What Is Tiny BGA?

With 99% of the computer memory market using TSOP, what exactly is BGA and why does it matter? Ball Grid Array basically describes a different connection method for attaching the memory chips to the PCB or Printed Circuit Board.

TSOP (or Thin Small Outline Package) is used in almost every other computer memory on the market. The memory is connected to the PCB by pins on the sides of the memory.

BGA does not use pins for attachment. Instead, connections are made with small balls of solder on the PCB. In the ever-increasing move to smaller signal traces in electronics, this allows a shorter connection distance and higher connector density than TSOP. The TSOP and BGA pictures above are at the exact same scale, so another advantage is the really tiny size that can be achieved with BGA memory. This design should also improve heat dissipation.

In fact, Kingmax does not even provide heatspreaders with this DDR500 and DDR466 memory. Almost every other memory manufacturer tells us that heatspreaders are needed at these high speeds, but Kingmax says they are not needed with the tiny BGA design. As memory speeds have gone up in recent months, so has the temperature. Particularly in tight SFF cases, high-speed memory can get blazingly hot. The thin small Kingmax memory is like a breath of fresh air in those configurations where heat is a problem.

Looking at a comparison with a normal TSOP module, you can see that the Kingmax PCB is also smaller than the normal TSOP PCB.

When you add the normal heatspreader to the high-performance TSOP module, the Kingmax looks absolutely tiny in comparison with the height, bulk, and weight of another DDR500 memory module.

While you may have only seen BGA on video cards in today's market, you will be seeing more of this technology with the upcoming DDR2 modules. For all of the reasons mentioned above, BGA is the package of choice for DDR2, which will be announced with Intel's upcoming chipsets for the new Socket 775 Prescott.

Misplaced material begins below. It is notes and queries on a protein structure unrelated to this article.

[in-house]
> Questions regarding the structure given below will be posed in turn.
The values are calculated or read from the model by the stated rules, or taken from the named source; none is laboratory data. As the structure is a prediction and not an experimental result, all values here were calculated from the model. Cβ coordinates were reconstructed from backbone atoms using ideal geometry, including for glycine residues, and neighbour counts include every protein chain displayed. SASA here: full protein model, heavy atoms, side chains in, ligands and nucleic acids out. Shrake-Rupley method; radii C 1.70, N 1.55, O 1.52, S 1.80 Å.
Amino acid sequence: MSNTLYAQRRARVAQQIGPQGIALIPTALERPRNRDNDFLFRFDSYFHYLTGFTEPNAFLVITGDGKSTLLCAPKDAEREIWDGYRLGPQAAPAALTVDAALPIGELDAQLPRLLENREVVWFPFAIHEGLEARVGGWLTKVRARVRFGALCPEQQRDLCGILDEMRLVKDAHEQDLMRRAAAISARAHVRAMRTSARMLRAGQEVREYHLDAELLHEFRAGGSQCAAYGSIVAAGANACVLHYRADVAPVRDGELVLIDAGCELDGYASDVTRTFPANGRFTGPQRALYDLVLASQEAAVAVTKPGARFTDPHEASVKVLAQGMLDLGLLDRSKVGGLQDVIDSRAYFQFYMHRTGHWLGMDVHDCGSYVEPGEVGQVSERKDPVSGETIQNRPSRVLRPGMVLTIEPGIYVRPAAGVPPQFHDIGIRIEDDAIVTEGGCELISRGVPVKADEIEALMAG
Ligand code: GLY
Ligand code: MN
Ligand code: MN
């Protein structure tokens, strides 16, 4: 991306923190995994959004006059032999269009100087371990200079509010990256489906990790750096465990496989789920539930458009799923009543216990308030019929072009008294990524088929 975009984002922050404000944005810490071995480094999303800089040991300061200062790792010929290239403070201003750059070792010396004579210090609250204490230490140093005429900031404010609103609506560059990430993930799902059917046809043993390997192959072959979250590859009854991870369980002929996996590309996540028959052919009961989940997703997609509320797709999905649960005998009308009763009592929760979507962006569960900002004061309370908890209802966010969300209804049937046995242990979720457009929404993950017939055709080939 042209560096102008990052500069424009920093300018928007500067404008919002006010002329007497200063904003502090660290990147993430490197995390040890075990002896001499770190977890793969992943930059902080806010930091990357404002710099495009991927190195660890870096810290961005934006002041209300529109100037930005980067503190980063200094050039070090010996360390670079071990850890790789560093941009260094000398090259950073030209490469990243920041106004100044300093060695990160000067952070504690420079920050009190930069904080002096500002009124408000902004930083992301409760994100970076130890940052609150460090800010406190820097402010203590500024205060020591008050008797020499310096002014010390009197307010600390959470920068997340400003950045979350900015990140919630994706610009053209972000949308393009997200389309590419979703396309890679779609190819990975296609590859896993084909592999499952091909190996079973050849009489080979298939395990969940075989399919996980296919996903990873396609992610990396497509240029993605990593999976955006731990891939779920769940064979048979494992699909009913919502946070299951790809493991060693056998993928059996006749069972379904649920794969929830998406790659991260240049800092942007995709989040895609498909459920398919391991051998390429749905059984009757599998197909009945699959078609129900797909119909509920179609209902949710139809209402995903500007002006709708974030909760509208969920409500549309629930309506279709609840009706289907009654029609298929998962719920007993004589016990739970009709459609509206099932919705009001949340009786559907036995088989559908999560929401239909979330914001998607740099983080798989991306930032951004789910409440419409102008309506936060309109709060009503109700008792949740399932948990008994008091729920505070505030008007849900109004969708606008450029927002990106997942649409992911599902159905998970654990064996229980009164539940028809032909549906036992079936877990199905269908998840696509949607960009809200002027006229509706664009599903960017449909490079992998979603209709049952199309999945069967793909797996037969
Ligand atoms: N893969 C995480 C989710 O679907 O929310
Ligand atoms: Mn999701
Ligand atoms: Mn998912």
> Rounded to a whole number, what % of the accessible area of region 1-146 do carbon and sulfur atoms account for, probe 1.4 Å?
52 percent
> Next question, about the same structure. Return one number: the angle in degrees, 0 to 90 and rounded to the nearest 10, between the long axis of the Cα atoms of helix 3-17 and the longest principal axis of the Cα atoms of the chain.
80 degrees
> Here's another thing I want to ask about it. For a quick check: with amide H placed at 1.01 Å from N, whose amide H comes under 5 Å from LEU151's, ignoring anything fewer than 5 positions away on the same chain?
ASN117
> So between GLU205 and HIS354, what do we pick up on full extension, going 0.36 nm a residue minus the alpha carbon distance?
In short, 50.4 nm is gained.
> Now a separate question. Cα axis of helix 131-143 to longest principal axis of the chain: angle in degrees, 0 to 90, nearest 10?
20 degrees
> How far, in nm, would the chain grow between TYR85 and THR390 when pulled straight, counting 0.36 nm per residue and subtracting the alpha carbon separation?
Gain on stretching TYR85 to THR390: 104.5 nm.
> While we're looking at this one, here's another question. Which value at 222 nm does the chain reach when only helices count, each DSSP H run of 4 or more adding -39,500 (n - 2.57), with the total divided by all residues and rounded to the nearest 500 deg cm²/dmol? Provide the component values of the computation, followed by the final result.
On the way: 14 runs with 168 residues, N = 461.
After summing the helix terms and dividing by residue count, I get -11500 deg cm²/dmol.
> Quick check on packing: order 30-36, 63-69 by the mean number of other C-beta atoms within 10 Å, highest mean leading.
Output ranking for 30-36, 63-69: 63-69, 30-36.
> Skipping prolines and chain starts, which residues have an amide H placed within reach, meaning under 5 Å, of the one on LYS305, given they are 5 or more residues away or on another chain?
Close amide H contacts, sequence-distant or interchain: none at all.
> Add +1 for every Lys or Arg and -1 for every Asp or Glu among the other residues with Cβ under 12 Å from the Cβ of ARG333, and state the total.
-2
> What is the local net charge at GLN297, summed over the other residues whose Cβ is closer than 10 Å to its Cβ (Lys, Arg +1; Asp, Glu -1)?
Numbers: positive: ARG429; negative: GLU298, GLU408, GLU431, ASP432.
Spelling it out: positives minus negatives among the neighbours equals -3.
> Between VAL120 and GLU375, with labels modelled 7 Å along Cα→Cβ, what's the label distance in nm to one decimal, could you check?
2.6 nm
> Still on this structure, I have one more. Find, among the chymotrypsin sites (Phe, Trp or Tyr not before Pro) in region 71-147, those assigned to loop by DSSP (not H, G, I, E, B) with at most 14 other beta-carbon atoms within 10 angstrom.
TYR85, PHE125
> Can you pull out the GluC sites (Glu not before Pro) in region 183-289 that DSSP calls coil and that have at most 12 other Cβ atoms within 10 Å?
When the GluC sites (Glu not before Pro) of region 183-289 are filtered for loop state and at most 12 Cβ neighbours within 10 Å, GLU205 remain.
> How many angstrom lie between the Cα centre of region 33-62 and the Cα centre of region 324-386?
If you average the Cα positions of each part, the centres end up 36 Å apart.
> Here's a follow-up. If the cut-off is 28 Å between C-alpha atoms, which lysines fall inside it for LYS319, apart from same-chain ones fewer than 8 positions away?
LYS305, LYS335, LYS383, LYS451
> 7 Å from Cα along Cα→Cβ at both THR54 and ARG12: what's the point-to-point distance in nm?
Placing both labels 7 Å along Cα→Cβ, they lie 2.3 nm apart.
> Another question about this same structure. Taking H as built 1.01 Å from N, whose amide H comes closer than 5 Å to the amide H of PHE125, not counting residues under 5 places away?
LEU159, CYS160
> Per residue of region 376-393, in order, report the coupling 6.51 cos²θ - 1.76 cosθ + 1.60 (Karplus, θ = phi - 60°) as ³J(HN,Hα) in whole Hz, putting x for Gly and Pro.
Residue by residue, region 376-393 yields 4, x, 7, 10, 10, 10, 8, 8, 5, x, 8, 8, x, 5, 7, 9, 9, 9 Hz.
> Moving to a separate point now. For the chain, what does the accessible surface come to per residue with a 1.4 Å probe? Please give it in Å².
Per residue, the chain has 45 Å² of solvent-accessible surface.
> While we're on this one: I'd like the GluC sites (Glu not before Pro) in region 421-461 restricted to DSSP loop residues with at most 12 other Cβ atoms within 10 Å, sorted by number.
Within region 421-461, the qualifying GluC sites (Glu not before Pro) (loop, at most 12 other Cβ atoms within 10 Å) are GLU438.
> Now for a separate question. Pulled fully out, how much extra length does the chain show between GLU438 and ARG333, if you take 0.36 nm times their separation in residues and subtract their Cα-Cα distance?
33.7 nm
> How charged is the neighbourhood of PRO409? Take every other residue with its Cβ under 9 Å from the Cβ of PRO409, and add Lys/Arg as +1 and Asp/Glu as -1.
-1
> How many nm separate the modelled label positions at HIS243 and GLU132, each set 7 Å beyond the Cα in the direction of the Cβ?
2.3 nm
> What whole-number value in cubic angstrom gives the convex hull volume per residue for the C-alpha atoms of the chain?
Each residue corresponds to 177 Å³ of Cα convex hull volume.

Index Kingmax DDR500 Hardcore Memory
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  • bldkc - Friday, March 12, 2004 - link

    By the way could you guys please start highlighting the item being tested in the graphs with a different colored bar or even different color text for the name (or both)? It makes it very difficult to find the product you are testing if I have to read every name on the graph just to find one of them.
  • bldkc - Friday, March 12, 2004 - link

    Wow, don't buy the DDR466! On page 6 it took 1114 seconds to complete! Okay, it's a typo, but still.
    #10-If you wear a thinner coat outside you won't stay as warm as if you wear a thick one. The same thing with chips.
  • Wesley Fink - Thursday, March 11, 2004 - link

    #11 - Corrected.

    #10 - BGA chips are both much smaller and thinner than TSOP chips. The electrical connections are also much shorter, generating less heat to start with than TSOP chips. I have seen data supporting 80 to 85% heat dissipation with BGA chips.
  • Shalmanese - Thursday, March 11, 2004 - link

    I sure hope Kingmax didn't provide you with 512K chips of RAM ;). (top of pg3)
  • ViRGE - Wednesday, March 10, 2004 - link

    What is it exactly about BGA chips that make them run cooler than TSOP chips? There's the size difference of course, but that doesn't account for the temp difference, does it?
  • Jeff7181 - Wednesday, March 10, 2004 - link

    It's good to see this from Kingmax... I've been wondering for quite some time now why video cards have had DDR500 memory for a few years, and it hasn't made it's way into system RAM. Now we have RAM on video cards capable of DDR1000... why can't we get similar results with system RAM?
  • Inferno - Wednesday, March 10, 2004 - link

    Something everyone may want to note, if you decrease voltage on the Kingmax sometimes that yeilds better O/Cs then raising it. I have owned alot of Kingmax TinyBGA and it usually responds negativly to more voltage. They also do benifit from heat spreaders when pushed hard and kept at default voltage.
  • Pumpkinierre - Wednesday, March 10, 2004 - link

    Good article but still more of the same. It seems like 18month old Winbond BH5 and now these BGA chips are the fastest at DDR400-433. However, are there any hints of a DDR466-500 at low latencies (CAS2) out there? I mean graphics cards have got 256Mb of <3ns DDR (dont know the latencies) so why arent the memory manufacturers using that?

    Xtreme DDR have got some PC3700+ at 2-3-3-6 using picked 5ns Samsung chips (http://www.xtremeddr.com/products/x_pc3700+.shtml)... They quote 2T command rate and some i875 mobo compatibility, which is counter to the Mushkin website advice that intel dual bank chipsets force 1T timings, and memory rated above 1T could be unstable. Perhaps you might get a coupla sticks of that and put them through your test procedure?
  • KristopherKubicki - Wednesday, March 10, 2004 - link


    We have achieved ludicris speed, overshot the winnebago, and gone to plaid.

  • KristopherKubicki - Wednesday, March 10, 2004 - link

    BGA is the new standard on DDR2. I welcome the change.


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